Beyond the Label: Steering the Focus Toward Safe and Effective Prescribing

Each year, hundreds of millions of prescription medications are dispensed to pediatric patients. A significant proportion of prescriptions are used in an off-label manner, outside the specifications approved by the US Food and Drug Administration (FDA), rendering off-label prescribing a “public health issue for infants, children and adolescents,” as described by the Committee on Drugs for the American Academy of Pediatrics. The committee also explicitly states that off-label use “does not imply an improper, illegal, contraindicated or investigational use.” Yet, when used in research, clinical practice, or even the lay media, the term off-label commonly carries a negative connotation. This interpretation probably reflects the sense of uncertainty in understanding the risk–benefit balance of a medication without FDA review and approval. However, prescribing according to the package insert does not necessarily translate to the safe and effective use of a medication. The clinical trial data required for FDA approval often represent highly select populations in controlled settings with limited follow-up. These data may not translate well to real-world use, hence the need for postmarketing surveillance and research. Conversely, lack of pediatric labeling for a medication does not necessarily indicate a lack of evidence. It may simply mean the pharmaceutical company has not submitted an application for FDA approval to add a new indication or population.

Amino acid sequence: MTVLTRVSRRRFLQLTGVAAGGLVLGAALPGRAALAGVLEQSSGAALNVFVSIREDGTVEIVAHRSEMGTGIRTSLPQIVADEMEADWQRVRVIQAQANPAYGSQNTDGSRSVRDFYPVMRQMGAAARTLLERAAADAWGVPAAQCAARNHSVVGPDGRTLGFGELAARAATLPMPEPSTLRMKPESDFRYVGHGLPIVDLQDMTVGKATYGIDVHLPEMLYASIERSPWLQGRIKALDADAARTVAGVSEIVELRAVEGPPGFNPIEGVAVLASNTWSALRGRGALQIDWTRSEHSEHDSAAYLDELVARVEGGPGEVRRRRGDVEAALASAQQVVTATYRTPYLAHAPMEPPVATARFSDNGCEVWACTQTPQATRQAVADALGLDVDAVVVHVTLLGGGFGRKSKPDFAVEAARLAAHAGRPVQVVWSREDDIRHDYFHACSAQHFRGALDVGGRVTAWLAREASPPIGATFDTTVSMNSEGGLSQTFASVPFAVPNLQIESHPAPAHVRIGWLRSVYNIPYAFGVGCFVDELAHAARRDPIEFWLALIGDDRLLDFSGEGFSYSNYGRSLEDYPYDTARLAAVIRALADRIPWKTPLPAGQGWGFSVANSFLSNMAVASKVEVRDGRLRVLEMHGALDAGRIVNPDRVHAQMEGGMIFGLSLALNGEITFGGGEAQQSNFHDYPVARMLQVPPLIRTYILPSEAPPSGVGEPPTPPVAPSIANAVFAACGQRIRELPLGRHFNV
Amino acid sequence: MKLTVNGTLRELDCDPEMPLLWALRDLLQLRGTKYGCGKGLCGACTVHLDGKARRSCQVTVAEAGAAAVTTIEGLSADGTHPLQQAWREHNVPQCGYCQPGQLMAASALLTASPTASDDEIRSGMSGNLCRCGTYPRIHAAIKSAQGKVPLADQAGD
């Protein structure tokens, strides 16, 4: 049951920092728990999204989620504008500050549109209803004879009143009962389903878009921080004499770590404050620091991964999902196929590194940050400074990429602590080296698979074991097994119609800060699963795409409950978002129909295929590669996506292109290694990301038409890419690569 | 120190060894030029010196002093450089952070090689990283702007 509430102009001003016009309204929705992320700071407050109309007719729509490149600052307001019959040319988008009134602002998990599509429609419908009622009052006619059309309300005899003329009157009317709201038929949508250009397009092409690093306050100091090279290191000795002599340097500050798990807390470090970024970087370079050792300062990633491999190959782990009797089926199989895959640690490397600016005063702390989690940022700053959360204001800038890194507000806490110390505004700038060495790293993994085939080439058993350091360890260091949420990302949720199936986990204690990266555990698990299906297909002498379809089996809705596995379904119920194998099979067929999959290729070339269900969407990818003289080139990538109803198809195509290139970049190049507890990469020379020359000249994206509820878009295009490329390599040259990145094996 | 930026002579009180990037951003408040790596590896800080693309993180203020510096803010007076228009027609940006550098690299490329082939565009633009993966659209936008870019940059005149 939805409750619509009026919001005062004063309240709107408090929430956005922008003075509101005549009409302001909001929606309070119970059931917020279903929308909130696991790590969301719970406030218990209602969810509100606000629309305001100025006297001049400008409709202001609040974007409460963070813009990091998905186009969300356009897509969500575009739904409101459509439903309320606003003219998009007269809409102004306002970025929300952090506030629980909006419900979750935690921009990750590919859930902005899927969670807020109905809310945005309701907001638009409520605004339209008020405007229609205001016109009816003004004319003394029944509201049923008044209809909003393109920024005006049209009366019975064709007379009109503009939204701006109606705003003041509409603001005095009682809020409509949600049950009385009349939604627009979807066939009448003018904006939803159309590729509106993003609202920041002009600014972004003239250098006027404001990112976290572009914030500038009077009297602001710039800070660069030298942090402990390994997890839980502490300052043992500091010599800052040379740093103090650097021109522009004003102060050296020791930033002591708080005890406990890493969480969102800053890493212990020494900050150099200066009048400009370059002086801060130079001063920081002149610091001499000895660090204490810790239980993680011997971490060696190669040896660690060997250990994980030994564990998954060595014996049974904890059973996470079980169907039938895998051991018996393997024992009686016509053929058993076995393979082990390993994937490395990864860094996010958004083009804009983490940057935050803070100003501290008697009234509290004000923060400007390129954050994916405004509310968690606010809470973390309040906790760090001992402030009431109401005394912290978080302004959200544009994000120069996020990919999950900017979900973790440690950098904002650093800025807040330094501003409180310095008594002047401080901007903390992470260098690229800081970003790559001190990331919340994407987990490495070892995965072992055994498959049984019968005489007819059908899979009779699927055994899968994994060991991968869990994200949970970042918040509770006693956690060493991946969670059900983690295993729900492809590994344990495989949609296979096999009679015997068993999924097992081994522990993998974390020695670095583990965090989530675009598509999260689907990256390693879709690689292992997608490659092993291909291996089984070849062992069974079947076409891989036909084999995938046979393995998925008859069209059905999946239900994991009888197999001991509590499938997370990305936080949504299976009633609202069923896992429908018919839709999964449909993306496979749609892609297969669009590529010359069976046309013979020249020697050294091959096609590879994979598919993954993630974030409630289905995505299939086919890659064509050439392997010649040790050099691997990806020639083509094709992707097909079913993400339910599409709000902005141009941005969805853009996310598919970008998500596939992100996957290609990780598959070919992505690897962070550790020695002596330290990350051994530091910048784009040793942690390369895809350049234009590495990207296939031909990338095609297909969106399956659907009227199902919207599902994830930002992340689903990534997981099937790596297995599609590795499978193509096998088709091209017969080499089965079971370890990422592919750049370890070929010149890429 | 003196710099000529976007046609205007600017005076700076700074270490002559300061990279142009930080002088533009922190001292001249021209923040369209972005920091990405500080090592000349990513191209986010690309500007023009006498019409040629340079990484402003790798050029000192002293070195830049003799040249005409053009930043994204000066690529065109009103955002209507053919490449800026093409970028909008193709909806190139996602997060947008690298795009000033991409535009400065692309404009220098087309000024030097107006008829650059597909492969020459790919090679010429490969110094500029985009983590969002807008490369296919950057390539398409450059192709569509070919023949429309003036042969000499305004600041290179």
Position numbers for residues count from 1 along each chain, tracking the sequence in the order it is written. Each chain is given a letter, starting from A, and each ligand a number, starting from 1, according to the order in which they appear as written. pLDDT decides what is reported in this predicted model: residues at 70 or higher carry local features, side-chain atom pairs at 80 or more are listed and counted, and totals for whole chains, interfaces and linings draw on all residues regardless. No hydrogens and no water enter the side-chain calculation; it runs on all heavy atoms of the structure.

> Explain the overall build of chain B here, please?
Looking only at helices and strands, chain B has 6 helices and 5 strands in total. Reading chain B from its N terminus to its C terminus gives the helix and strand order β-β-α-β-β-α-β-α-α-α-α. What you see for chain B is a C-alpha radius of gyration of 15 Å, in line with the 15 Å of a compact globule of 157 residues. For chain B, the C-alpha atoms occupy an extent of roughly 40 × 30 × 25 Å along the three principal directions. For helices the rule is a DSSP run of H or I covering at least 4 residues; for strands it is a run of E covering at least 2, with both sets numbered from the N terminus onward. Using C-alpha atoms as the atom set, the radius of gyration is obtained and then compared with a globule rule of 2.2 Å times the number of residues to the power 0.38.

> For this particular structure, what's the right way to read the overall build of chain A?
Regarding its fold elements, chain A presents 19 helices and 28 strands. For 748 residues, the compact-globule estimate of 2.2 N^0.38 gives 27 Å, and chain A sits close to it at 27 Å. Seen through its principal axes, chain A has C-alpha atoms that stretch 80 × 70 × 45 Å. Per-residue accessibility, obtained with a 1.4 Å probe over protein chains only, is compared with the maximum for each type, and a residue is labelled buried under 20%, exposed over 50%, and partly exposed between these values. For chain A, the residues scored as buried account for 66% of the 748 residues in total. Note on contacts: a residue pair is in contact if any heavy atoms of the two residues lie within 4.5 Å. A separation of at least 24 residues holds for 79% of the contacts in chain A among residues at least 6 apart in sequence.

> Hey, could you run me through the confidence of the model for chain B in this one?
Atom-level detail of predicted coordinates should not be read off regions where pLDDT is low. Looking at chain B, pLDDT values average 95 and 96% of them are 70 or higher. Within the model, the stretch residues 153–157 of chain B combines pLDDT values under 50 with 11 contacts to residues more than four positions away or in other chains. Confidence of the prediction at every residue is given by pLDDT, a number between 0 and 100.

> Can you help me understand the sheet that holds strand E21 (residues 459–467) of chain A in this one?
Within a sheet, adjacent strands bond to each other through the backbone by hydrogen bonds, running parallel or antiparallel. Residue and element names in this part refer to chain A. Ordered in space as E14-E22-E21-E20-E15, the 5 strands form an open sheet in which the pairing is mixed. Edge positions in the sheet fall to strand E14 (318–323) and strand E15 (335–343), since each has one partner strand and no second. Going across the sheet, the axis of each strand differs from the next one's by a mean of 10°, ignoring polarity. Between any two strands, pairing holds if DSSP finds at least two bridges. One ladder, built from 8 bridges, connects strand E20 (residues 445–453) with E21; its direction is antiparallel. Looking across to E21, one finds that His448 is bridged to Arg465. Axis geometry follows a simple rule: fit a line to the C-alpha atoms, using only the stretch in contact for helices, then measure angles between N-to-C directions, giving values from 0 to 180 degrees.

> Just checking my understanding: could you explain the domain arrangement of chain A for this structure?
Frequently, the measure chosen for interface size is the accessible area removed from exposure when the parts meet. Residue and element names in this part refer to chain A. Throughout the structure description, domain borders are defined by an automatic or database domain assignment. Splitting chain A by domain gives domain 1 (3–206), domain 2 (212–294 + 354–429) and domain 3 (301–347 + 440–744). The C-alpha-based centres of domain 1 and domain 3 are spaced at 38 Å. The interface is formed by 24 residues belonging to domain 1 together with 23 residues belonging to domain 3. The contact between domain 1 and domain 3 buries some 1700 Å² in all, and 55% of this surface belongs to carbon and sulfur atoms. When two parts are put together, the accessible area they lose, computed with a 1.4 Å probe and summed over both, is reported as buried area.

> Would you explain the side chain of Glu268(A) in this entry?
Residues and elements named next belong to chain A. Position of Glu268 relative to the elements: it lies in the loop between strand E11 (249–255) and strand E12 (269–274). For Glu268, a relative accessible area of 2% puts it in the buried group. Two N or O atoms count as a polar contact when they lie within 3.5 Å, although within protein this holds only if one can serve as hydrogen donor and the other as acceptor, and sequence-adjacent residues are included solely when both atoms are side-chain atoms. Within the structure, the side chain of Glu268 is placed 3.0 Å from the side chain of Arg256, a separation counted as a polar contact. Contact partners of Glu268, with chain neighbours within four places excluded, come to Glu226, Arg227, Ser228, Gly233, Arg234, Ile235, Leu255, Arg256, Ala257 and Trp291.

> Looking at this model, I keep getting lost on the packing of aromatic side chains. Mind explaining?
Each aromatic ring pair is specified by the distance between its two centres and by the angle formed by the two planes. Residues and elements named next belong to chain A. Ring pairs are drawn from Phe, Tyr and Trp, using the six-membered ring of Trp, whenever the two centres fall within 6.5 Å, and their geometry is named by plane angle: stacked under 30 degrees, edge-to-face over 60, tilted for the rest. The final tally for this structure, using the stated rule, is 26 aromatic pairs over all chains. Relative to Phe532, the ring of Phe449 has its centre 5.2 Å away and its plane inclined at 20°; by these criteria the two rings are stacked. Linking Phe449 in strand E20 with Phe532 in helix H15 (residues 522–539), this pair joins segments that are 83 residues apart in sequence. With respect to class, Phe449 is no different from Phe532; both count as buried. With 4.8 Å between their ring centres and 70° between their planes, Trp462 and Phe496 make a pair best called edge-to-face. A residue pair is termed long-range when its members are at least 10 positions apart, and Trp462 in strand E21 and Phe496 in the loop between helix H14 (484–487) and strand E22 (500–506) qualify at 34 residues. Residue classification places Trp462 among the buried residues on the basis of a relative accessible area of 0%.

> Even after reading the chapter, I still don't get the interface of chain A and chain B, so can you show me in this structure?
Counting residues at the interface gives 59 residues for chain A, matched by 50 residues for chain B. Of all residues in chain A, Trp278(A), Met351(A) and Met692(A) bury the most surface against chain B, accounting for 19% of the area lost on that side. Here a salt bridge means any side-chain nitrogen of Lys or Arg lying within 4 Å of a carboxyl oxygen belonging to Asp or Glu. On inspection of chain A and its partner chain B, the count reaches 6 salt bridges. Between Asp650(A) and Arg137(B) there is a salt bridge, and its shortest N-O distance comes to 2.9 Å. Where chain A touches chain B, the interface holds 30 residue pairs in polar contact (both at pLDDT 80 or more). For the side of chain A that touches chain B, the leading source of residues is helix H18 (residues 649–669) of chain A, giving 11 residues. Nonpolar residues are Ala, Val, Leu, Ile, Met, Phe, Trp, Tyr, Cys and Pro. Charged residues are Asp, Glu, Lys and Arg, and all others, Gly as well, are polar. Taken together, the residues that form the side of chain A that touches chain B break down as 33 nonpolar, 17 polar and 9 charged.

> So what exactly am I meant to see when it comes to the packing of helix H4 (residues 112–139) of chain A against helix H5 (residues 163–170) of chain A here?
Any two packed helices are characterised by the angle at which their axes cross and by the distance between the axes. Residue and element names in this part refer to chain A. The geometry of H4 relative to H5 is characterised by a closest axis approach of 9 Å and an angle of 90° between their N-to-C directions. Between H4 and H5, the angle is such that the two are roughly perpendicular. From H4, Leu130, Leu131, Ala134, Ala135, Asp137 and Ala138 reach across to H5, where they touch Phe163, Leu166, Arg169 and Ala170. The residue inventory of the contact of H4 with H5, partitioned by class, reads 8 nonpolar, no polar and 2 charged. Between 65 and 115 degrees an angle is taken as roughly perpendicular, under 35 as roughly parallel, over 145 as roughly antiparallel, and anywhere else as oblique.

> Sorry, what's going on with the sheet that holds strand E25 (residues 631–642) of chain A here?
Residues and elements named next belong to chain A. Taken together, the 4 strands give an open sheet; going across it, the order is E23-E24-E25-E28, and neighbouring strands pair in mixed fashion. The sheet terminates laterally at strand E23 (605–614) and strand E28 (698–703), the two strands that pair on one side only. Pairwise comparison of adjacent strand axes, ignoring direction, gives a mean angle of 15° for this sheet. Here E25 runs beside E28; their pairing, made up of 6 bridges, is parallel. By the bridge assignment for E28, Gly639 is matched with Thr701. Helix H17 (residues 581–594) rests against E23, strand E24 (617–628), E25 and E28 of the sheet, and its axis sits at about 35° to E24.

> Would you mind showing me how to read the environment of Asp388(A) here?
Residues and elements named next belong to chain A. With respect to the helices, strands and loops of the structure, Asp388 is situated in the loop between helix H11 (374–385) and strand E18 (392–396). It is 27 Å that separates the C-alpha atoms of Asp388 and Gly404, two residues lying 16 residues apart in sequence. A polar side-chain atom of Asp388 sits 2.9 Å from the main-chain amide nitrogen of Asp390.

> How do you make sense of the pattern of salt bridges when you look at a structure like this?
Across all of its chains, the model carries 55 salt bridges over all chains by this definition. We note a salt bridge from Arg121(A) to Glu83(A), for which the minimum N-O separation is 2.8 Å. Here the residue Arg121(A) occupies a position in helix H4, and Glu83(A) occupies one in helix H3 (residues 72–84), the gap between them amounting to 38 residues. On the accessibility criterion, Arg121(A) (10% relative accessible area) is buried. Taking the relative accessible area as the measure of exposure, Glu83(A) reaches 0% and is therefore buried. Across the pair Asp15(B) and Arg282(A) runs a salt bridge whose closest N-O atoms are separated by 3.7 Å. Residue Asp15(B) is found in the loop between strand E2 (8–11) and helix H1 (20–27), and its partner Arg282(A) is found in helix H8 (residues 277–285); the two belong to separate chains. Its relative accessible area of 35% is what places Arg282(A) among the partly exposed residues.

Czaja AS, Fiks AG, Wasserman RC, Valuck RJ, Comparative Effectiveness Research Through Collaborative Electronic Reporting (CER 2 ) Consortium